The Canadian government doesn’t meet its own minimum standards for IT security, Canada’s auditor general said Tuesday.
In a report that pulled no punches Sheila Fraser dubbed the government’s IT security efforts as “unsatisfactory.”
“Two and a half years after revising its Government Security Policy the government has…to translate its policies and standards into consistent, cost-effective practices that will result in a more secure IT environment in departments and agencies,” the report said. I am disappointed that the government still does not meet its own minimum standards for IT security, even though most of the standards have been well known for more than a decade.Sheila Fraser.
Those findings – tabled in the House of Commons on Tuesday afternoon – are an update to a 2002 report that put IT security under scrutiny. Fraser expressed concern that the government has made little progress on the earlier report’s recommendations.
“In many departments and agencies, senior management is not aware of IT security risks and does not understand how breaches of IT security could affect operations and the credibility of the government,” Fraser told the House. “If security weaknesses allowed someone to access a database or confidential information, Canadians’ trust in the government would be greatly eroded.”
Her report warned that if a citizen’s privacy were violated because of a failure to keep confidential information secure, “it could cause that person hardship and seriously undermine the government’s efforts to deliver services to Canadians electronically.”
In a news release on the report Fraser expressed disappointment that though most IT security standards have been known for more than a decade the government still does not fully comply with them. “It means government systems and the sensitive data they hold are vulnerable to security breaches.”
Her audit found that – in general – departments and agencies have not adequately assessed IT security risks. It identified key security weaknesses in several (unnamed) government departments and agencies. These weaknesses include:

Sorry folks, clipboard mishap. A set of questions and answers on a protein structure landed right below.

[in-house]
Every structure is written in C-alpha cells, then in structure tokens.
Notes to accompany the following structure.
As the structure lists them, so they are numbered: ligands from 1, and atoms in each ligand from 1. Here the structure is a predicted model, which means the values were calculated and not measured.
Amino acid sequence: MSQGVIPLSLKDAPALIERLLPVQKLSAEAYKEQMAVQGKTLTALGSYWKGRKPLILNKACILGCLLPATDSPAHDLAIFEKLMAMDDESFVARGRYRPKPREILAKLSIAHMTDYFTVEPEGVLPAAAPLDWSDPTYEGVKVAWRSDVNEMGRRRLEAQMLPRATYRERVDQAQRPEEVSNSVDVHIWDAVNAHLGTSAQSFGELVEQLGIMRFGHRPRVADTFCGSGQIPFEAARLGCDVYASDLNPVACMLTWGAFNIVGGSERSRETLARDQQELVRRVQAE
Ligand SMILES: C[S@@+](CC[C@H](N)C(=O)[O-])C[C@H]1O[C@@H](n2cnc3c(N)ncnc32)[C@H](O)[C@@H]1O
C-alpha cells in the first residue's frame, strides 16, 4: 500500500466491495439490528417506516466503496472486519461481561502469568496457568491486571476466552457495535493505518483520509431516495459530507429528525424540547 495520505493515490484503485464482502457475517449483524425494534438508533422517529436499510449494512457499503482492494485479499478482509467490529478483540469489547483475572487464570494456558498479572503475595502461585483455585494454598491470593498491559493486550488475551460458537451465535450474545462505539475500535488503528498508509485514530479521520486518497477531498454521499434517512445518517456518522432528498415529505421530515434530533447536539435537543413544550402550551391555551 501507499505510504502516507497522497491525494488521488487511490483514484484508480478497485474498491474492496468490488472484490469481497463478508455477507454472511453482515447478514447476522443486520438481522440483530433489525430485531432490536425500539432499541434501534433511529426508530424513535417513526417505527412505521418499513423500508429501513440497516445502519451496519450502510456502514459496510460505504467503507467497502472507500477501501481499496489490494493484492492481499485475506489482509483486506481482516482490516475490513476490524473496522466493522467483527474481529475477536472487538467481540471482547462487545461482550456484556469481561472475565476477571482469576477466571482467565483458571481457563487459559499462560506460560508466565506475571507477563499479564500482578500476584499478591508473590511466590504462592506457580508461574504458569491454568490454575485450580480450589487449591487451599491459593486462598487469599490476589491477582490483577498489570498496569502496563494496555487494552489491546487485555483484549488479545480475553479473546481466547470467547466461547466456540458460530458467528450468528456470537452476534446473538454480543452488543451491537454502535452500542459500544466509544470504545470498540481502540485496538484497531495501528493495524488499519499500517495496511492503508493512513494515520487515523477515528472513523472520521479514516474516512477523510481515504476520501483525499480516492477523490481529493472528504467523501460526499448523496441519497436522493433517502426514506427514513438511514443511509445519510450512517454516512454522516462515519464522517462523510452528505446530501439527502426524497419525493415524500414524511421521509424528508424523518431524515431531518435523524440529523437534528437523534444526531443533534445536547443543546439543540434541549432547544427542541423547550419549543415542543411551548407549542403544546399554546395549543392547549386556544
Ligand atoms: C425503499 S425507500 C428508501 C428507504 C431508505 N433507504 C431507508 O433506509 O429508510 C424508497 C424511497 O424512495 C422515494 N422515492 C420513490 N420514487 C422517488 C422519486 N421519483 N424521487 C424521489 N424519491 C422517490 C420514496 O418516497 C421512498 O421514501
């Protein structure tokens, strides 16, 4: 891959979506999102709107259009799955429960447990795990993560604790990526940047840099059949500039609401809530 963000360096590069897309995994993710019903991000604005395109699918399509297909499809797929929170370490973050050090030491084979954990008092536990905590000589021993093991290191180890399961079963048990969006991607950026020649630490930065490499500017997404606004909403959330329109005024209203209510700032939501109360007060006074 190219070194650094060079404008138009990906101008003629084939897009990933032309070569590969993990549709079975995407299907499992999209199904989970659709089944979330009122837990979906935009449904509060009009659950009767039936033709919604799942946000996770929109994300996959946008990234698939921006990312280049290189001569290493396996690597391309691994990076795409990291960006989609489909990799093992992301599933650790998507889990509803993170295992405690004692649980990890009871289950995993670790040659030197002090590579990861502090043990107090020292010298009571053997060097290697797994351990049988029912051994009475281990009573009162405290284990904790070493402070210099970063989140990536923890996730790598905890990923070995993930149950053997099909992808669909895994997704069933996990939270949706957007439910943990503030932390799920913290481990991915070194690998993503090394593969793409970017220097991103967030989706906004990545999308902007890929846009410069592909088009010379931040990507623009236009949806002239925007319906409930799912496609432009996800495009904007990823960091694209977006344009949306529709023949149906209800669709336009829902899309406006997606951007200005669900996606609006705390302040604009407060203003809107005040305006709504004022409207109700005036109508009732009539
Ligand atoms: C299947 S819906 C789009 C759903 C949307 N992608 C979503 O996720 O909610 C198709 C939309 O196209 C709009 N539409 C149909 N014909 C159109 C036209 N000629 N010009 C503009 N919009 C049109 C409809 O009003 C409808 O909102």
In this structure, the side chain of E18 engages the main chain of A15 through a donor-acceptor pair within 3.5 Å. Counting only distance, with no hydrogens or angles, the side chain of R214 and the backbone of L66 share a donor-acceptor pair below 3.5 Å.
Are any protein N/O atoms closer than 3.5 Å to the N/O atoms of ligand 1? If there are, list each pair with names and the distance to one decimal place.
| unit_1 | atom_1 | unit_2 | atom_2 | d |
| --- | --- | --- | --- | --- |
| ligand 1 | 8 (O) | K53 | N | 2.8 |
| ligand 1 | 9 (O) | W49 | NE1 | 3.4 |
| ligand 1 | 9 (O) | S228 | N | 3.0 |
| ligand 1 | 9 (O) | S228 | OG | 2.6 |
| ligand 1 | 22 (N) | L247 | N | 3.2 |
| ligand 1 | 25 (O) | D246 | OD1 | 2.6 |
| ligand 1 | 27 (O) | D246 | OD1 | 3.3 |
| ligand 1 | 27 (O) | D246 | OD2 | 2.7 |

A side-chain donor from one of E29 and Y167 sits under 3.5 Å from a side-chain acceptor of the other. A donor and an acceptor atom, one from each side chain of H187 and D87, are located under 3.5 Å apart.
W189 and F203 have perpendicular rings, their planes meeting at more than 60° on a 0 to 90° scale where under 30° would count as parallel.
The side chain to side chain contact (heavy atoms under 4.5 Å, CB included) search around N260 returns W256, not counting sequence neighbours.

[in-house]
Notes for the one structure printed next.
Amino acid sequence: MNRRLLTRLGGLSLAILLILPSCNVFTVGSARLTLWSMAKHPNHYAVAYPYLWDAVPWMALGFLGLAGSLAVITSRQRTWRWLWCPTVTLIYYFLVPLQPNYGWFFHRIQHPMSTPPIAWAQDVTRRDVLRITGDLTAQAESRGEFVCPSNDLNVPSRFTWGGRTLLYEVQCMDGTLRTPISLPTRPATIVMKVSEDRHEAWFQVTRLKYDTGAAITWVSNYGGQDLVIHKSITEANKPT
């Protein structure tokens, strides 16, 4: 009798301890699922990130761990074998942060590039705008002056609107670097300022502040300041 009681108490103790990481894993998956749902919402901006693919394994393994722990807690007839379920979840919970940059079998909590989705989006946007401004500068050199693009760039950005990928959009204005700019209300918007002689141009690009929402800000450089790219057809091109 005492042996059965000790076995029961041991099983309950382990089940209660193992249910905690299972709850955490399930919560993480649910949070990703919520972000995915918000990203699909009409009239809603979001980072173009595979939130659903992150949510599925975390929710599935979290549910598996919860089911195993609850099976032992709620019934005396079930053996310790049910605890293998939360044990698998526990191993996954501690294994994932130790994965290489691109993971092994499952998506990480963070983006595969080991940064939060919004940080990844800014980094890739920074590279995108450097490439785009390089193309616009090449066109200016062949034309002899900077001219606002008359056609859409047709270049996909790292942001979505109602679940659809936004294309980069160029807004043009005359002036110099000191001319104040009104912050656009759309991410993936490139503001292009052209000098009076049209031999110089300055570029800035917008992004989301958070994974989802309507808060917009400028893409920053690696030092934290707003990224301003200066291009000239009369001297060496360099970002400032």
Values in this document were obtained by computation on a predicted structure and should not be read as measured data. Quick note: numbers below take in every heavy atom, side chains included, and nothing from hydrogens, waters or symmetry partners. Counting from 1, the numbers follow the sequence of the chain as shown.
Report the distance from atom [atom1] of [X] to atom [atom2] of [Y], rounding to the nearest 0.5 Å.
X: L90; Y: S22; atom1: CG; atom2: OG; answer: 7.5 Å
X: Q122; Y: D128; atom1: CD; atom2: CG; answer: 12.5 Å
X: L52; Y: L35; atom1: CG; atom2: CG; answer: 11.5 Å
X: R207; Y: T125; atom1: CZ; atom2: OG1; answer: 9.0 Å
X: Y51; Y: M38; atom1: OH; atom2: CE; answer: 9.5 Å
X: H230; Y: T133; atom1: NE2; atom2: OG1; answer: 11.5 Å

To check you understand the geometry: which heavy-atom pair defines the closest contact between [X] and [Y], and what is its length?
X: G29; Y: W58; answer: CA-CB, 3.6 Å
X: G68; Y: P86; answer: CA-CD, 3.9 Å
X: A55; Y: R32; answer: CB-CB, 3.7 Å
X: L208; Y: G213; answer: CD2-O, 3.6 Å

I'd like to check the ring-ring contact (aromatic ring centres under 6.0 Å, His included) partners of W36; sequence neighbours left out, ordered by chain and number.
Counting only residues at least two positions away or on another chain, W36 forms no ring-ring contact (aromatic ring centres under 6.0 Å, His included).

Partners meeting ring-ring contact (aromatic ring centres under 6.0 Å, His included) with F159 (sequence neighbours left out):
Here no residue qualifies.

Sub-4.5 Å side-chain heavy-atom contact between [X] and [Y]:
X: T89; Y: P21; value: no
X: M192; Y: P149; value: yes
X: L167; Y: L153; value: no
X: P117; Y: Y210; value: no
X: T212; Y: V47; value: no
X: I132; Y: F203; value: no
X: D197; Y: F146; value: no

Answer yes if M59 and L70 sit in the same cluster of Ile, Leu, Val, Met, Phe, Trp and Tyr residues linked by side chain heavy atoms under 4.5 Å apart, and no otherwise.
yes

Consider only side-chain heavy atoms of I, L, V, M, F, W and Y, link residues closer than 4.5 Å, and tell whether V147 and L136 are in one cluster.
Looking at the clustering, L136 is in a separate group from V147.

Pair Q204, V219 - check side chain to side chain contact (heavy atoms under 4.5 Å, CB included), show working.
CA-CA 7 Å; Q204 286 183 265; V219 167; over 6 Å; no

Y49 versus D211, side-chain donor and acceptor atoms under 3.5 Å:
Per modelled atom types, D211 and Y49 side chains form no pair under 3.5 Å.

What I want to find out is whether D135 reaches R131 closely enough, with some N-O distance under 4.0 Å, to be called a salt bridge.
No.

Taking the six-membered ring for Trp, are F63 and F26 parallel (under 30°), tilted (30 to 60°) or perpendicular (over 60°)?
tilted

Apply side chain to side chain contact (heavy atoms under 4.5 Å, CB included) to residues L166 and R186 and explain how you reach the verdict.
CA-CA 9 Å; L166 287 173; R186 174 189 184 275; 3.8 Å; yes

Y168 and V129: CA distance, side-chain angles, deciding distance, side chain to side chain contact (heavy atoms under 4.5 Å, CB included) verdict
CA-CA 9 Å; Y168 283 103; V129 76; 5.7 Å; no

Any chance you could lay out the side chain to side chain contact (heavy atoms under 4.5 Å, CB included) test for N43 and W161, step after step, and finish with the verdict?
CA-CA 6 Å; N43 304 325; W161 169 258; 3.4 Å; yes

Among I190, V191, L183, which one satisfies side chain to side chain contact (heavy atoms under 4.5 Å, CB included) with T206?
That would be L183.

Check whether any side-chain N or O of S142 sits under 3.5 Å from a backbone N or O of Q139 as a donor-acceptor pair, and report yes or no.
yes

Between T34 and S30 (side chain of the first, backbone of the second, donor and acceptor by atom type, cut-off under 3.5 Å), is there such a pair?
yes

• Failure to adequately control access to sensitive data and programs; and,
• Inadequate networks security and network access controls.
The auditor general recommended that departments and agencies subject to the Government Security Policy provide the Treasury Board Secretariat with an annual schedule of planned IT security monitoring activities. “As more and more government services are offered on-line, individuals and businesses need to have confidence that the information they share will be well protected,” she said.
The audit found most departments and agencies did not fully comply with the federal government’s IT Security policy. Possible reasons for this, it said, include a shortage of money and people, as well as a lack of overall interest in IT security by senior management in government.
The report said compliance and awareness failures have broad implications and could “erode the trust Canadians have in the ability of their government to transact business online, in a secure and confidential environment.” The auditor general recommended all departments and agencies should prepare timely IT security action plans, which would be reviewed in December, 2006.
A Canadian security expert agrees that Ottawa needs to pay more attention to IT security and says an overhaul of security technologies would be a good place to begin.
“[The government should] understand that some of yesterday’s solutions are not applicable anymore and (should) look for new solutions and technology,” said Brian O’Higgins, CTO for Ottawa-based Third Brigade, a software security firm. Outdated technology, he said, could lock down networks.
O’Higgins said the federal government needs to allocate more money to IT security. He estimated the Canadian government spends less than three per cent of its IT budget on security, which is relatively low compared to government investment in other areas of IT. In stark contrast, he said, the U.S. recently announced a 15 per cent IT security spending increase in its budget.